Next morning, he wrote Karla inviting her to the movies, but he lacked the nerve to ask his mother for a stamp. He carried the letter with him all day, and when he came home that night he tore it up.
The next week, on a wet Thursday night, Paul boarded a bus. Lise was the only other passenger. He showed her two quarters, and, as she’d done before, she got off with him at the stairway stop. They passed the yapping cocker spaniel and climbed the street to where they could enter the woods. She took his quarters and would have passed him, but he growled, “Tits, too.”
Lise halted with his coins on her palm. Paul saw in her glance that he’d have to pay more. He added dimes and nickels till what he’d placed in her hand totaled a dollar. She went then, as if she’d memorized the spot, to the rock platform. She unbuttoned her blouse. The tilt she gave her head to concentrate on loosening her bra showed Paul how braids she’d coiled around the top of her head looked like a crown. As he gazed, she shook her breasts loose. Paul gaped. When she bunched up her skirt and pushed her black underpants down, he slid his penis from his pants. He quickly came. As he did he loosed a groan.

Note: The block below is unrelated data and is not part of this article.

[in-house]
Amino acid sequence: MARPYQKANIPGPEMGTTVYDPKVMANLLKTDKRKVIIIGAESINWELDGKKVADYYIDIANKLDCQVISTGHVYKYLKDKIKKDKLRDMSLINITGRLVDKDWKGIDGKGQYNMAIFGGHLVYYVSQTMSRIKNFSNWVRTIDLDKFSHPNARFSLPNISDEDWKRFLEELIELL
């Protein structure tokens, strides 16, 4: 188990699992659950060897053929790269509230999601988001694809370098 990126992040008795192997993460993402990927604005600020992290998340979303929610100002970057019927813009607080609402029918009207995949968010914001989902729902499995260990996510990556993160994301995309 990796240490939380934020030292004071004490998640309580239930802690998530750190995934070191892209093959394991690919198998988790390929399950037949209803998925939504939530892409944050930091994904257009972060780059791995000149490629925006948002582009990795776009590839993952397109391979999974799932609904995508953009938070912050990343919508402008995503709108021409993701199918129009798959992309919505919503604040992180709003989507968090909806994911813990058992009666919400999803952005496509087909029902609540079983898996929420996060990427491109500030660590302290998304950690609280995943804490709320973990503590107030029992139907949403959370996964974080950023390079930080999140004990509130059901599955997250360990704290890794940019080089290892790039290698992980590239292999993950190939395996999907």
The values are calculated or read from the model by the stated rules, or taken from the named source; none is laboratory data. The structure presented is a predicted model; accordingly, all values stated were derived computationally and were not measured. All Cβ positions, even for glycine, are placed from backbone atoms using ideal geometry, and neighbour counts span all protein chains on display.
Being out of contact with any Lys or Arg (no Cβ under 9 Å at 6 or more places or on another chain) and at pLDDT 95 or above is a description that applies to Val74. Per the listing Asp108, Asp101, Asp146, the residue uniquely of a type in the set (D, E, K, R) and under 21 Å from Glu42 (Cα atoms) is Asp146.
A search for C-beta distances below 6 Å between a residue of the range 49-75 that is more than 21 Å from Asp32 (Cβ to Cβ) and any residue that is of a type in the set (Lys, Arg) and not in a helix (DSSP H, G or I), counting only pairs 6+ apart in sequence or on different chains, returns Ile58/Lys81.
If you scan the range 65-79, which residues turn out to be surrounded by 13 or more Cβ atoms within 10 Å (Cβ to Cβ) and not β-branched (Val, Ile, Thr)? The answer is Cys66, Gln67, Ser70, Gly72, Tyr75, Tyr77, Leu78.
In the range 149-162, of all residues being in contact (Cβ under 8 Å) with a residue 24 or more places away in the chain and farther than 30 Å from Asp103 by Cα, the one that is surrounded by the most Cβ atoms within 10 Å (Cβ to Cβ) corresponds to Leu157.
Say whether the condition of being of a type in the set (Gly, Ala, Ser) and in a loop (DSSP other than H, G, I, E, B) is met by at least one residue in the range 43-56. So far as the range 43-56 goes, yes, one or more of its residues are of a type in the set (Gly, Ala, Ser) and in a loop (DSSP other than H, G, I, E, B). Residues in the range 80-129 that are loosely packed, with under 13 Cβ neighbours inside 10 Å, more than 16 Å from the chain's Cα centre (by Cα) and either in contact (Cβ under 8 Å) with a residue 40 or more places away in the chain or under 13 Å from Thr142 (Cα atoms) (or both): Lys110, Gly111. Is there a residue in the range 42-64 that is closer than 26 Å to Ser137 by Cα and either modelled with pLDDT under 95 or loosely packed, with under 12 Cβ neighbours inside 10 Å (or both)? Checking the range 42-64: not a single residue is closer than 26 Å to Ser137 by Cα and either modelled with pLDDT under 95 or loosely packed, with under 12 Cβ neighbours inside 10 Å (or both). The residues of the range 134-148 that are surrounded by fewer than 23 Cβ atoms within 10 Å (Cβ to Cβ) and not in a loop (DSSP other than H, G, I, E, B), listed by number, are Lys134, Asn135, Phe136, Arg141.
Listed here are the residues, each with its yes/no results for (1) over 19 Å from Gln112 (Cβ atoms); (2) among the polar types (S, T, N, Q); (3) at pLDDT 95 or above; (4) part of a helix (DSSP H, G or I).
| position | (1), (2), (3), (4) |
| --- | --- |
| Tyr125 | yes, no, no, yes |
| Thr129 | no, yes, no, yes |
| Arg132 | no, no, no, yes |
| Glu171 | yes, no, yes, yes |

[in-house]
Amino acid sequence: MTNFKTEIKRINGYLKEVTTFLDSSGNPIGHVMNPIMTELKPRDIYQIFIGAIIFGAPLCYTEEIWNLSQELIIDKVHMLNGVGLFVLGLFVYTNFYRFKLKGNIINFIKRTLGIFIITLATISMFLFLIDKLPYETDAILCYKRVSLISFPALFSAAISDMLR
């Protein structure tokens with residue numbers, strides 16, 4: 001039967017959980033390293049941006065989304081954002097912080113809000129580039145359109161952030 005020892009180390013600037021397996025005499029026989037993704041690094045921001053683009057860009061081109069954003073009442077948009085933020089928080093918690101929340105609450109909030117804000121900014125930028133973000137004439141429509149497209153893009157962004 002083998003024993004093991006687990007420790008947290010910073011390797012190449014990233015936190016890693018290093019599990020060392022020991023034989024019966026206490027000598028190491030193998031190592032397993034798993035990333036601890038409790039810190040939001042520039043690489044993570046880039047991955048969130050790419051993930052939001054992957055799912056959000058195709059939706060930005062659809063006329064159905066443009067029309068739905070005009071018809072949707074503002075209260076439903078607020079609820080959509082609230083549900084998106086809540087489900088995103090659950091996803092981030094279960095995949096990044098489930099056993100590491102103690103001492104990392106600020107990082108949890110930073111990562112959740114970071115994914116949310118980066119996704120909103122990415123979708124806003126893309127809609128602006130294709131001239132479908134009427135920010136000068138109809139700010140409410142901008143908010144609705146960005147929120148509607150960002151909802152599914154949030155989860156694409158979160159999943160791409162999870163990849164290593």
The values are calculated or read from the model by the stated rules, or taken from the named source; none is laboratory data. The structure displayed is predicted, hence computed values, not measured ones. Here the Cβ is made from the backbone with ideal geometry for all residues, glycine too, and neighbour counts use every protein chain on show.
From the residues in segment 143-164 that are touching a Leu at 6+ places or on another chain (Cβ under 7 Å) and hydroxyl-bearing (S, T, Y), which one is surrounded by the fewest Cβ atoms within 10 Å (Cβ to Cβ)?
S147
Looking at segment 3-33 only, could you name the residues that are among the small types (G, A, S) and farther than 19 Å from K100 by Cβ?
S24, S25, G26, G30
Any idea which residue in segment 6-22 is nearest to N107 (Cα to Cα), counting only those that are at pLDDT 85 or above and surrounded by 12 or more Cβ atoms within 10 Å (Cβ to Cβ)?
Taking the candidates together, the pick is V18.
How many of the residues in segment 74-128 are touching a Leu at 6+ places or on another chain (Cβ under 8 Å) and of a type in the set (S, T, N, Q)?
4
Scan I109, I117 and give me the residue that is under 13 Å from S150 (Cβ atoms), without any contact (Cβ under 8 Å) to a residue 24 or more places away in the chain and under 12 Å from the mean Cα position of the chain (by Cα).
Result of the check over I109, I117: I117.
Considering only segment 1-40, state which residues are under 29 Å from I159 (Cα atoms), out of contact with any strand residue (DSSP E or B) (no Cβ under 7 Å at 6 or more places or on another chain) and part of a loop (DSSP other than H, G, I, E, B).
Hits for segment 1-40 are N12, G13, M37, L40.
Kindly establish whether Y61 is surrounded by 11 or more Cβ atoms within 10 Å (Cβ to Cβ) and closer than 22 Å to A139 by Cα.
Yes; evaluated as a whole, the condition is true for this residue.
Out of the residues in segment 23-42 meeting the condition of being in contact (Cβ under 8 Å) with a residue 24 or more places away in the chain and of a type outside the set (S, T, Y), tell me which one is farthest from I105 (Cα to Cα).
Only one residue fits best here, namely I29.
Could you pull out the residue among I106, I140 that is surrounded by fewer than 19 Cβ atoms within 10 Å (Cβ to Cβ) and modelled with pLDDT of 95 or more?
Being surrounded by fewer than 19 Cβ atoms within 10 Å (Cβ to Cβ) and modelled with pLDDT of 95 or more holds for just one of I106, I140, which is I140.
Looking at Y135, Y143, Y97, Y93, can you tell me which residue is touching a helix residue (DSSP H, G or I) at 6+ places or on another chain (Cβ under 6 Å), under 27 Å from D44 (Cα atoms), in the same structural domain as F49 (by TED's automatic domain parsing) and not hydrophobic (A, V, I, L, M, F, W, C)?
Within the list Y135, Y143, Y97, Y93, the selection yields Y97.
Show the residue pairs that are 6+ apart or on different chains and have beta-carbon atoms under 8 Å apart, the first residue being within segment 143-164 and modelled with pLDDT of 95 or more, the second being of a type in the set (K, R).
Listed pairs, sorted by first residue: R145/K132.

“Don’t tell,” he croaked to Lise when she passed him on her way back to the street. She avoided glancing his way, and even after she had started toward the crossroad he hung back in the shelter of the woods. He eyed a house across the street. The place, cube shaped, looked closed and forbidding. He feared people in the dark house had noticed two teenagers enter the woods. He berated himself for choosing the same place of rendezvous twice.
The pork-chop his mother had kept waiting for him was dry and had no taste. Jack and Kate squabbled over who should wash and who should dry the dishes. Paul’s father read aloud a headline from the newspaper about Communists. Paul’s mother remarked on what he’d said. They traded opinions back and forth about the Soviet Union and the menace it represented. They sounded smug to Paul—full of conviction, knowing for certain what was right and what was wrong. What would they say about a boy who masturbated in the woods? He couldn’t imagine.
Later, when Paul was worrying over math homework, his father shouted from the bathroom. The wax seal around the toilet’s connection to the soil pipe had been leaking. Mr. LaFrance had unbolted the toilet. He told Paul to help him lift it aside so he could put a new wax ring in place. Paul and Mr. LaFrance had grunted the heavy toilet aside when a mouse, the color of lint, popped out of the floorboard hole and made a dash for safety. Mr. LaFrance struck it. He had in his hand the hammer he’d use for prying up nails. The mouse died with red froth coming from its mouth.